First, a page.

In his final game of 2011, a loss at home against the Boston College team UM will open with Saturday in Chestnut Hill, Mass., Perryman was a madman with 14 tackles. And that was before his bench-press max went from 295 pounds to 400 (and from 17 repetitions at 225 pounds to 30).
“He’s passionate,” Swasey said.
Backup middle linebacker Gionni Paul said Perryman plays like Ray Lewis. “He has a motor,” Paul said, “and once he gets going he never stops.”
Perryman grew up in Overtown and starred at Coral Gables High. He wears the No. 52 of former UM great Lewis with pride. His father Desmond, service manager at The Collection car dealership in Coral Gables, coached Denzel and his three brothers in Pop Warner, where they played in back of Carver Junior High in Coconut Grove. Desmond also coached former UM stars Frank Gore and Roscoe Parrish.
Beginning at age 6, Denzel — a guard on the offensive line and tackle on defense — watched film after every youth game, then worked on correcting mistakes. Desmond said he knew his son would be “real special” when he saw him, as a 7-year-old, “run down a kid at least 15 yards straight in front of him” and catch him 3 yards before the end zone.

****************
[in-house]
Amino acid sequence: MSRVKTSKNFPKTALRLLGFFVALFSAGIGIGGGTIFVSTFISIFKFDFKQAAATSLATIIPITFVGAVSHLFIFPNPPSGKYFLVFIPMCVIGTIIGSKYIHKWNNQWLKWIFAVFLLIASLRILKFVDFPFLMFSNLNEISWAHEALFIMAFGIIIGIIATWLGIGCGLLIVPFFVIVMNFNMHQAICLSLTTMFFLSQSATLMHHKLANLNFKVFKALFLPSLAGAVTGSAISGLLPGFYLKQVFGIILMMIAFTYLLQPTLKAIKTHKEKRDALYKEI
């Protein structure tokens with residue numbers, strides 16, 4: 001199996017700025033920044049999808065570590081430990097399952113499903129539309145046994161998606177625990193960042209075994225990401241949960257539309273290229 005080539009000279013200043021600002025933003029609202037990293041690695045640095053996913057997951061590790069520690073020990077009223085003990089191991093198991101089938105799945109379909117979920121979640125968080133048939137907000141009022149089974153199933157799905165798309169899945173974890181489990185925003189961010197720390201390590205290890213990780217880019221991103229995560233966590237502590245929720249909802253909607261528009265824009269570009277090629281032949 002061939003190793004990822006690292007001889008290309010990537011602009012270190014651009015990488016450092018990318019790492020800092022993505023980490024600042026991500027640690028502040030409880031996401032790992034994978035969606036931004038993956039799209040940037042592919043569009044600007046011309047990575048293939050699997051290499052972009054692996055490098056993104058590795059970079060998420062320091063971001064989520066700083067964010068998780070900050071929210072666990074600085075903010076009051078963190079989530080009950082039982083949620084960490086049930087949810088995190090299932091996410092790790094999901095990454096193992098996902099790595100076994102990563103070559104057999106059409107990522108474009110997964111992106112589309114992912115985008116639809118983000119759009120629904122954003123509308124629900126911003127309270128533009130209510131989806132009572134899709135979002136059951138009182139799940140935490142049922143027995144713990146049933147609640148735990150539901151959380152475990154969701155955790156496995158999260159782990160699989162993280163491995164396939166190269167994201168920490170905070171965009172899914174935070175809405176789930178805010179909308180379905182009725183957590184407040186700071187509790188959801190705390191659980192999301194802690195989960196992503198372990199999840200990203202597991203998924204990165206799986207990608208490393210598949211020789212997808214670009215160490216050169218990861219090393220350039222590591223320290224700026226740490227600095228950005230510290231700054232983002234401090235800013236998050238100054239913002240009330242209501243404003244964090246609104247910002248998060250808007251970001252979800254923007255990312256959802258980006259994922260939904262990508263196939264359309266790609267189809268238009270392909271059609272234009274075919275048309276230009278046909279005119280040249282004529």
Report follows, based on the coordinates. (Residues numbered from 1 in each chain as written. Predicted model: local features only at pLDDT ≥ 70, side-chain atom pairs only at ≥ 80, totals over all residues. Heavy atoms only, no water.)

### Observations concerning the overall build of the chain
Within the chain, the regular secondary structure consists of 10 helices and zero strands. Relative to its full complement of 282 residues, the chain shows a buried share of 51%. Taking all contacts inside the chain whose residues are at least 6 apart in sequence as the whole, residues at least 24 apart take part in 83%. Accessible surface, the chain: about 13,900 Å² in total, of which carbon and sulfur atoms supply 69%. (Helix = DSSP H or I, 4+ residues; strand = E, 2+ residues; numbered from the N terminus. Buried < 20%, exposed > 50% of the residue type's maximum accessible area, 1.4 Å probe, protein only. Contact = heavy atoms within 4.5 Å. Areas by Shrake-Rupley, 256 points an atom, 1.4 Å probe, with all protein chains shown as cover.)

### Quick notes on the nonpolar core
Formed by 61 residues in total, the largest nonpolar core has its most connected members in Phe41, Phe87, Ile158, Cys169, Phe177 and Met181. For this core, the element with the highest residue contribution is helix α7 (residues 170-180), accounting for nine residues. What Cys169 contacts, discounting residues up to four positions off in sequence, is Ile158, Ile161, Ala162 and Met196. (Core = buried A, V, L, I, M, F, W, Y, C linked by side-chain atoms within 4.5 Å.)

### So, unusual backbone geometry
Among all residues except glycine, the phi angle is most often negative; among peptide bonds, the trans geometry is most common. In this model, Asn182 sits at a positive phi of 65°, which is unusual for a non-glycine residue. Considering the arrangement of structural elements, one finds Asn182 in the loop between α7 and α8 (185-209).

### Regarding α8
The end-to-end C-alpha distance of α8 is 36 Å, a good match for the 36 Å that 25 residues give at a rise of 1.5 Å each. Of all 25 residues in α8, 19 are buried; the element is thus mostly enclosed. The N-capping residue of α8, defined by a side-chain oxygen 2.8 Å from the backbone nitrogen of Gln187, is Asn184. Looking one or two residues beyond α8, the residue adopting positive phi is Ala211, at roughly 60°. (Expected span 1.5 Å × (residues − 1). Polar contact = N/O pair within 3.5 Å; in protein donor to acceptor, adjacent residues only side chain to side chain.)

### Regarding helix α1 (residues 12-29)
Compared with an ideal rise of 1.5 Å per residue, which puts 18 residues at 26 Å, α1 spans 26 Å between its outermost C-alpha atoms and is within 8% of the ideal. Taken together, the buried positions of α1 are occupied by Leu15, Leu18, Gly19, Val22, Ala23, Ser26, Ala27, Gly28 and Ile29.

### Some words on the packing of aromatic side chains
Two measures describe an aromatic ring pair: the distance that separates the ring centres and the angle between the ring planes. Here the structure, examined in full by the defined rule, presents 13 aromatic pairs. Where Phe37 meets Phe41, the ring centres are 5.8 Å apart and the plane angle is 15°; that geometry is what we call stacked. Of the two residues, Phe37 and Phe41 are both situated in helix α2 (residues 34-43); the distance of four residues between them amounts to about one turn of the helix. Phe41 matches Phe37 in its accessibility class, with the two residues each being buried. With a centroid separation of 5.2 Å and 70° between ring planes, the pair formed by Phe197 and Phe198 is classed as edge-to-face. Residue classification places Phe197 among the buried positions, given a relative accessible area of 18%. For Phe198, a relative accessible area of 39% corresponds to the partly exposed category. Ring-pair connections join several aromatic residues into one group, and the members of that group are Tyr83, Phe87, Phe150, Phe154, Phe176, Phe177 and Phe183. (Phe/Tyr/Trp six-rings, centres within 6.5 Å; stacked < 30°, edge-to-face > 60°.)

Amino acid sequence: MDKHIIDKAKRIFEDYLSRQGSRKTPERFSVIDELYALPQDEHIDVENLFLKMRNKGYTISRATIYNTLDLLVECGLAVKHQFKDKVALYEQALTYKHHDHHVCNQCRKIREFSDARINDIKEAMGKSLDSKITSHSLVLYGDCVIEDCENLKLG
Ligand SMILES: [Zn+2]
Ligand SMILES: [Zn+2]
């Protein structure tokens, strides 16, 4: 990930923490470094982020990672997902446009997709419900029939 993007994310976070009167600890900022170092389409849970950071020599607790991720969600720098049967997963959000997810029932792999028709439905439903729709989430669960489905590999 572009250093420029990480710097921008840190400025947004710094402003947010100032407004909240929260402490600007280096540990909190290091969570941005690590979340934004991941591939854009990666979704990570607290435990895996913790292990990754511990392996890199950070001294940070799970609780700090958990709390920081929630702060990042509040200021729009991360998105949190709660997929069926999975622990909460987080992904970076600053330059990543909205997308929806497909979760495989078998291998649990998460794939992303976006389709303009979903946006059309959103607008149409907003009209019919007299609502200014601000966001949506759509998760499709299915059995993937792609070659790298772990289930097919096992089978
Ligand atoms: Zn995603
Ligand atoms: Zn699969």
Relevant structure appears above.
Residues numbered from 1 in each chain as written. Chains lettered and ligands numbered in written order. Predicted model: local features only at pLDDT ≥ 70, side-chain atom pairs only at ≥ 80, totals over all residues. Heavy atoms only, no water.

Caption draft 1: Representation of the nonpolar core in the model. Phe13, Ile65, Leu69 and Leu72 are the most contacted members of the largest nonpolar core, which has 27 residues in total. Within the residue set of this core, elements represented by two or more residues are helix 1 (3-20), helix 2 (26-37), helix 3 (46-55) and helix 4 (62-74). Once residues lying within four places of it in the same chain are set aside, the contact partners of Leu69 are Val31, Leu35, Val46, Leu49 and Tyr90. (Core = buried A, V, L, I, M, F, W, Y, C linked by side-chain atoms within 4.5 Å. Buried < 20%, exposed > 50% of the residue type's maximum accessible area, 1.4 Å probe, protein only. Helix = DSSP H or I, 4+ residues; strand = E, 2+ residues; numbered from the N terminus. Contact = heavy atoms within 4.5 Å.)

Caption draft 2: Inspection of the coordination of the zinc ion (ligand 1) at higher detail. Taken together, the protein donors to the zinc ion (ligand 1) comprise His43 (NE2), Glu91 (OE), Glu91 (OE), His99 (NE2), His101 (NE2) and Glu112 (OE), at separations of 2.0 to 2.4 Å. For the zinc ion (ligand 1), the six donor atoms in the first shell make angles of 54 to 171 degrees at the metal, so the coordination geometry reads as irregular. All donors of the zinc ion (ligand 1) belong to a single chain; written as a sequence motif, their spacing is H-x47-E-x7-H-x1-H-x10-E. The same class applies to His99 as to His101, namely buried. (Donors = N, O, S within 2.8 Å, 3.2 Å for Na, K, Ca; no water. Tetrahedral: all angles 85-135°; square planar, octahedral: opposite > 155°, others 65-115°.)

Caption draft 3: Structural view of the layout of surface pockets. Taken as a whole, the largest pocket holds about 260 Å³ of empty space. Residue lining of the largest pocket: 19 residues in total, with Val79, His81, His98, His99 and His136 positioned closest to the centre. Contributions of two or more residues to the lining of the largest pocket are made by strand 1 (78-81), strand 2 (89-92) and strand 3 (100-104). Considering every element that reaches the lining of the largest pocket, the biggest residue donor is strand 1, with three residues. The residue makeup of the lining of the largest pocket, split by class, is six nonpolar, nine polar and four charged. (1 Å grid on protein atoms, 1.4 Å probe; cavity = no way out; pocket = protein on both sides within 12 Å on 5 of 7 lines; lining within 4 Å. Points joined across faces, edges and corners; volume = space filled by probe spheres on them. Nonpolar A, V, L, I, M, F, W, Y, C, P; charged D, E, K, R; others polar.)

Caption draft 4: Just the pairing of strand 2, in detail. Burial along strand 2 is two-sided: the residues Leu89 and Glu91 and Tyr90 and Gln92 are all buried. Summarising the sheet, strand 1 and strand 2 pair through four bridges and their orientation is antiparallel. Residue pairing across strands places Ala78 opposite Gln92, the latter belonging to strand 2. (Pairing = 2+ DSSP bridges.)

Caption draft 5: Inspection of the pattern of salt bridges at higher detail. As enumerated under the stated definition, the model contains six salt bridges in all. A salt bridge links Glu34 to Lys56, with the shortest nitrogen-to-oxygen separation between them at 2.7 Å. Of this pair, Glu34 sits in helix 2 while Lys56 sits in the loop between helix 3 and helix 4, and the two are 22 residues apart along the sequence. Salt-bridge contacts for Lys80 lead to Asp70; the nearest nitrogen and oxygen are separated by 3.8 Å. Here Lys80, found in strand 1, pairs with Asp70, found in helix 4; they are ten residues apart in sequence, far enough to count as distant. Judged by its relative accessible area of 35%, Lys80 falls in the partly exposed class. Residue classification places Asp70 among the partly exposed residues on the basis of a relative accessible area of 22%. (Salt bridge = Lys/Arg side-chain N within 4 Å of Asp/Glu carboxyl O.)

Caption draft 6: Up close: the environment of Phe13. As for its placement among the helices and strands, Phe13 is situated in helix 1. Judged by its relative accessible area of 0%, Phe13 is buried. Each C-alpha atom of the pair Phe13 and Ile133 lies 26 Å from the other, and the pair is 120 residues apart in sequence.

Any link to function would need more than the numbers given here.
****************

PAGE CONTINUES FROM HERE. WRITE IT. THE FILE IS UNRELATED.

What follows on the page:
Perryman recently went to get his jersey one day midway through fall camp and realized he was given the everyday green instead of the first-team black. Coach Al Golden said he was in a “little rut” and the linebacker took it as a lesson.
“You can’t go out Monday 100 miles an hour and come out Tuesday at 75,” his father said. “They just want the same person every day.”
The black jersey returned soon afterward.
The mothers of Perryman and Chickillo said they saw the leadership skills in their sons at a young age. Sandra Perryman, a Miami-Dade special education teacher, said Denzel always was a charmer and was seen as a “peacemaker” in school. “He never liked trouble,” she said.
Anthony managed to be ultra-competitive and supportive at the same time. As a 9-year-old, Anthony was in tears when his Pop Warner team lost in the last second of the championship game. “Everybody was crying,” said Joan, a preschool teacher. “Anthony consoled his teammates and assured them they did everything they could.
“He would never let anyone get down.”
Now, the two compadres vow to prove the naysayers wrong. Last year’s 6-6 record was unacceptable, they say, even if others are predicting worse for 2012.
“You’ve just got to live up to your own expectations and make sure you pull the other guys along,” Chickillo said. “Nobody thinks we’re going to have a good year, but we believe we will.”
Said Perryman: “Being the underdog is motivation for everyone. We’re going to shock some people this year.”